*Ta ourys aym, kyndagh rish anchormid faill as cultoor, dy vel ny smoo ollooyn firrynagh garraghey as sheshey bwoirrin geiyrt orroo, na'n aght elley. Cha nel y fysseree aym. Foddee chammah dy vel eh ny s'doillee da ollooyn bwoirrin feddyn staartey noa my t'ad arraghey.

Trooid as trooid, er lhiam nagh vel eddyrashoonaght y pheiagh bentyn rish y chooish. Er lhiam dy nee shirrey daa staartey ooashley sur-cheirdagh lane-emshiragh ayns ard beg ec y traa cheddin (as costreeu agglagh ayn son ny staartaghyn shen, as cha nel ny currymee caghlaa dy mennick, as cha nel ad ayn agh ayns shiartase dy chaayryn er lheh) ta bun y chooish.

I read this article this morning:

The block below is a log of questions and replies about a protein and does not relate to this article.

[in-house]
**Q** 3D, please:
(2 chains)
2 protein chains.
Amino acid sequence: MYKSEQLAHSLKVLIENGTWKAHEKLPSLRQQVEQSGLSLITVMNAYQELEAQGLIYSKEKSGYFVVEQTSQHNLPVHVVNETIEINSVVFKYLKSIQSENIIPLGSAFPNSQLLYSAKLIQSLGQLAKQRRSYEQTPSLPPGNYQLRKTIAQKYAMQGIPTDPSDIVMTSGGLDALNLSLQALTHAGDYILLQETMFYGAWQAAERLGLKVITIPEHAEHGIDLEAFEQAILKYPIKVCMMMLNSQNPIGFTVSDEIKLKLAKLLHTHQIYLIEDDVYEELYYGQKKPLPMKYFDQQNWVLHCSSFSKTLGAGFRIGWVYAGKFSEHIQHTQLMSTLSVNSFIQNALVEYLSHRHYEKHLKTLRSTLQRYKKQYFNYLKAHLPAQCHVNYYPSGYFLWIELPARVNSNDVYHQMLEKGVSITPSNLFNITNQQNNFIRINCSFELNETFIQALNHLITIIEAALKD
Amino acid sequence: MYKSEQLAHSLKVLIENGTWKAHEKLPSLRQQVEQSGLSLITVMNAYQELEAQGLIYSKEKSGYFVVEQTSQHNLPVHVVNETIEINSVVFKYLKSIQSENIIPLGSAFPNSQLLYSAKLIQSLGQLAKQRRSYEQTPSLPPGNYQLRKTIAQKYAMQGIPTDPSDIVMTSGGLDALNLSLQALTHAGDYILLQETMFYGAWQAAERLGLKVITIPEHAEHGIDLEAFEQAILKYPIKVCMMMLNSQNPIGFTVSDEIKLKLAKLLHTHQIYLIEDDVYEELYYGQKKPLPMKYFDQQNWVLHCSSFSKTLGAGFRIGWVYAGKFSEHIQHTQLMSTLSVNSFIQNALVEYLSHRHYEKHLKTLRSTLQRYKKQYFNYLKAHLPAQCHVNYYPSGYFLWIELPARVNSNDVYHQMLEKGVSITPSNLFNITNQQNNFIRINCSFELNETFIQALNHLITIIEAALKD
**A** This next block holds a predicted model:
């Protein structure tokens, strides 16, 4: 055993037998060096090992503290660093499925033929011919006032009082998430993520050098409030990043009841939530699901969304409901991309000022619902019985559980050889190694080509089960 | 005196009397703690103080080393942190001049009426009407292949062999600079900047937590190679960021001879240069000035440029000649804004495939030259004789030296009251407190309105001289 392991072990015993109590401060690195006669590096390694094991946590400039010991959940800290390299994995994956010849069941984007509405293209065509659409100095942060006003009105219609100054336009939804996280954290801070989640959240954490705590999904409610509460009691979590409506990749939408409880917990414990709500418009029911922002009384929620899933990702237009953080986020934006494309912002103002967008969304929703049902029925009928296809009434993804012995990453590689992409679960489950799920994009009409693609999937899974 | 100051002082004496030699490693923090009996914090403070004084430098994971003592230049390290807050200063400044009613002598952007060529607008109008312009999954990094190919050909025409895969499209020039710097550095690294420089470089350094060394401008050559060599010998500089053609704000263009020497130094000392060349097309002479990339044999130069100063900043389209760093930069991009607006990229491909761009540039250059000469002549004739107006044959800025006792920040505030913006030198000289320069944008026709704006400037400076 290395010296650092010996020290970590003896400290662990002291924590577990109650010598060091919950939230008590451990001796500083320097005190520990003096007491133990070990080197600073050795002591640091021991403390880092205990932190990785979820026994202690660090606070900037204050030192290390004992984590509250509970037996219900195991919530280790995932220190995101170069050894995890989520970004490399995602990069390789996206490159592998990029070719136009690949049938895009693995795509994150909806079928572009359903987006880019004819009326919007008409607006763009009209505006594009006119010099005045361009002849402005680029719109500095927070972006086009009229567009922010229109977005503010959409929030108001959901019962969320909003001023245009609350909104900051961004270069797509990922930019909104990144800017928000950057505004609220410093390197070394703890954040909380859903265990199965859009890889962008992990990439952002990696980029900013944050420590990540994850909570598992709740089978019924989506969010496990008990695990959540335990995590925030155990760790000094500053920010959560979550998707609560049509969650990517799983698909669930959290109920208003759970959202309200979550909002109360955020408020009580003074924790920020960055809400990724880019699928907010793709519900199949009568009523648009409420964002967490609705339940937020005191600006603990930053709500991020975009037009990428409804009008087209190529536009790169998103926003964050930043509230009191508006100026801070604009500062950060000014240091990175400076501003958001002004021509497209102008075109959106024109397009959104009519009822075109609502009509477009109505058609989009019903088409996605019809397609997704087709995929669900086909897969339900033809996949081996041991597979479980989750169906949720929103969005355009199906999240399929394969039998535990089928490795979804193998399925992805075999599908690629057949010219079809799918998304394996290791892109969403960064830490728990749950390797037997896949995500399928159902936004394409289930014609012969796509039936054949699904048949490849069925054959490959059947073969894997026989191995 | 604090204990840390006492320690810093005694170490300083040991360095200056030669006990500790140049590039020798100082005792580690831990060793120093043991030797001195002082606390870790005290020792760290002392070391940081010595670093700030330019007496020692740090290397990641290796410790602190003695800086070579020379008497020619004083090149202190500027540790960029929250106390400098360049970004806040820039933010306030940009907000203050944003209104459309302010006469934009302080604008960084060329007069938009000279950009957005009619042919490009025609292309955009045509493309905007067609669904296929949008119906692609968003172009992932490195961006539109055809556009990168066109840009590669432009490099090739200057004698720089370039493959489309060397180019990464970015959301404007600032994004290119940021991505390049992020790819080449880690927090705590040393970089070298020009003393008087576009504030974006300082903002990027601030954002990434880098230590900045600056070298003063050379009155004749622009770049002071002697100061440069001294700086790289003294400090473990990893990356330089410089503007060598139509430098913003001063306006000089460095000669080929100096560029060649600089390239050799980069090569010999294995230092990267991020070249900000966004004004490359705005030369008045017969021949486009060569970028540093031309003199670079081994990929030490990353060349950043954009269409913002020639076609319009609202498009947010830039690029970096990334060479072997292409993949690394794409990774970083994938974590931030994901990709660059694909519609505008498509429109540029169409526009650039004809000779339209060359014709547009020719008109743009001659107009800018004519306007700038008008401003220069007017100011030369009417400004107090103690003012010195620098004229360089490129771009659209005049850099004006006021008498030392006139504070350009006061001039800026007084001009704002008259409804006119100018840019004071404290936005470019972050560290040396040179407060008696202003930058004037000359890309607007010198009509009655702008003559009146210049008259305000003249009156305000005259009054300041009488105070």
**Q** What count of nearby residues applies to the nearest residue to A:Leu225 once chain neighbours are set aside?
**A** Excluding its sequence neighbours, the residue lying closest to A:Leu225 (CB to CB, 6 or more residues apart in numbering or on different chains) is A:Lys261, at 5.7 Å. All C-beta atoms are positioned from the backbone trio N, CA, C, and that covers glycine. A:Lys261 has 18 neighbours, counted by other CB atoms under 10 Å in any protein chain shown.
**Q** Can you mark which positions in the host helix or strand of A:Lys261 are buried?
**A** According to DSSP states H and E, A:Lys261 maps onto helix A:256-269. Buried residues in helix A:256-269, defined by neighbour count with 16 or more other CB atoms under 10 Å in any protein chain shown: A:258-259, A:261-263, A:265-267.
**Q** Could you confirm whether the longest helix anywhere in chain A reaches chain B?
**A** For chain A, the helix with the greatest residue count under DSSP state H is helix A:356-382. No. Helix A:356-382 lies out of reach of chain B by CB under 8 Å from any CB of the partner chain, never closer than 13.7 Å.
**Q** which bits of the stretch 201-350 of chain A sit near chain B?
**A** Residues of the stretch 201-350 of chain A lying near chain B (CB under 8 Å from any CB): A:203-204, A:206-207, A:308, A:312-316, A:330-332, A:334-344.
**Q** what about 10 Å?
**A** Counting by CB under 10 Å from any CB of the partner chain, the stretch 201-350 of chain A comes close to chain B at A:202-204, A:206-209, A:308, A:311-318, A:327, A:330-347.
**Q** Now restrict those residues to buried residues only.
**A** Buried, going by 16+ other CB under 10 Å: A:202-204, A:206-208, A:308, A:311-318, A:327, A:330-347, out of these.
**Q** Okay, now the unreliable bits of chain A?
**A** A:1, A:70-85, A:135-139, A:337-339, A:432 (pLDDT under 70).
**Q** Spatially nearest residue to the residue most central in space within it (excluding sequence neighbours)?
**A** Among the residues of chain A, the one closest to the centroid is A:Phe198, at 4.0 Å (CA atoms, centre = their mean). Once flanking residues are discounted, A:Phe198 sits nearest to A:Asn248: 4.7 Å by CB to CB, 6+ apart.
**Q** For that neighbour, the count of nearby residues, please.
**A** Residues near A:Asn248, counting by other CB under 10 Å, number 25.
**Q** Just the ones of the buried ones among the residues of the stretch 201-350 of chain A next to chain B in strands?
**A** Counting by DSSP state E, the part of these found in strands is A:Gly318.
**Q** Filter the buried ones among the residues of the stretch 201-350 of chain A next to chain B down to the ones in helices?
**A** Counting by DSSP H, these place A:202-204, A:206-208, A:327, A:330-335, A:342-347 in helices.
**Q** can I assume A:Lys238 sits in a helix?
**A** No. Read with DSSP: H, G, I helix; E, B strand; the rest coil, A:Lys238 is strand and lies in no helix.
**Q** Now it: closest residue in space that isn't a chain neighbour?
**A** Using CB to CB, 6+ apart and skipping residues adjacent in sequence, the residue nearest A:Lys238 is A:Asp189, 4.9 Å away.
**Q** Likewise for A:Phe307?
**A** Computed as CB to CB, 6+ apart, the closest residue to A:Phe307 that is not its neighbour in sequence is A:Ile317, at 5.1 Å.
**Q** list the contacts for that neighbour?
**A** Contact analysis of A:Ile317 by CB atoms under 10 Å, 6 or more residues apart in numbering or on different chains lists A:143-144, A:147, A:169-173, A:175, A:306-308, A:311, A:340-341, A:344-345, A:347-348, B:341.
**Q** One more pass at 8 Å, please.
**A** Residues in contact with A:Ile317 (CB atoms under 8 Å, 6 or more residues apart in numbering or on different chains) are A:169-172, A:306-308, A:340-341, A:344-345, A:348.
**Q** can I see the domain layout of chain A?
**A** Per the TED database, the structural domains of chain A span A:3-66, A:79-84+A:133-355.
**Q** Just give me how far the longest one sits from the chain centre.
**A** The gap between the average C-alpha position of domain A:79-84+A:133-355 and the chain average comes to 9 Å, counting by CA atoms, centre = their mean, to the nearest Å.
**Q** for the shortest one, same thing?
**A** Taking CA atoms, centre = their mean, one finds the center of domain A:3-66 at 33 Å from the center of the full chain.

It’s an interesting point, but I’d like to see some more data on the topic. I suspect a major cause of the problem is likely to be couples. If you’re moving within the UK, it's often feasible for the already-employed partner to retain their job, either having a medium-distance relationship for a while until they can find a job nearer the new place, or with one partner (or both) commuting. The chances of getting two permanent academic jobs in the same area at the same time are very limited, so if someone follows their partner from abroad, they’re unlikely to get one quickly. This means a choice: either taking a non-academic job (in which case you don't write this article) or taking a much less appealing academic job. I suspect the root problem here is simply that a perceived or real need to remain "in academia" is a substantial additional factor in jobseeking. Coupled with the need to find a job near a partner, and at around the same time, people end up taking jobs they ordinarily wouldn't. I imagine the same problem applies in most specialised fields. To look at it another way, I can immediately think of four factors in the decision. It’s very likely that you’ll have to compromise on at least one: Distance: you want to work near your partner. Career: you need to maintain a name in the field and your career skills. Financial: you need to get a job fairly soon to pay the bills. Quality: you want certain things out of the job, such as prestige, the nature of the work, conditions and so on. Of these, quality is perhaps the easiest to compromise and leads to this article. If you compromise on finance, we get articles on how a single academic salary isn’t enough to support a couple or family. If you compromise on career, we get articles on “publish or perish”, gender imbalance in universities*, and why people left academia. If you compromise on distance, we get articles on the difficulties of juggling career and relationship for academics. *I suspect that because of pay discrepancies and cultural tendencies, there are statistically more male academics moving and taking female partners with them than the other way round. It may also be harder for female academics to get a new job after moving. On the whole, my take is that this is very little to do with staff being international, and very much to do with trying to find two full-time high-prestige specialist jobs within a small geographical area, when said jobs are limited to specific cities, subject to furious competition and have relatively low turnover.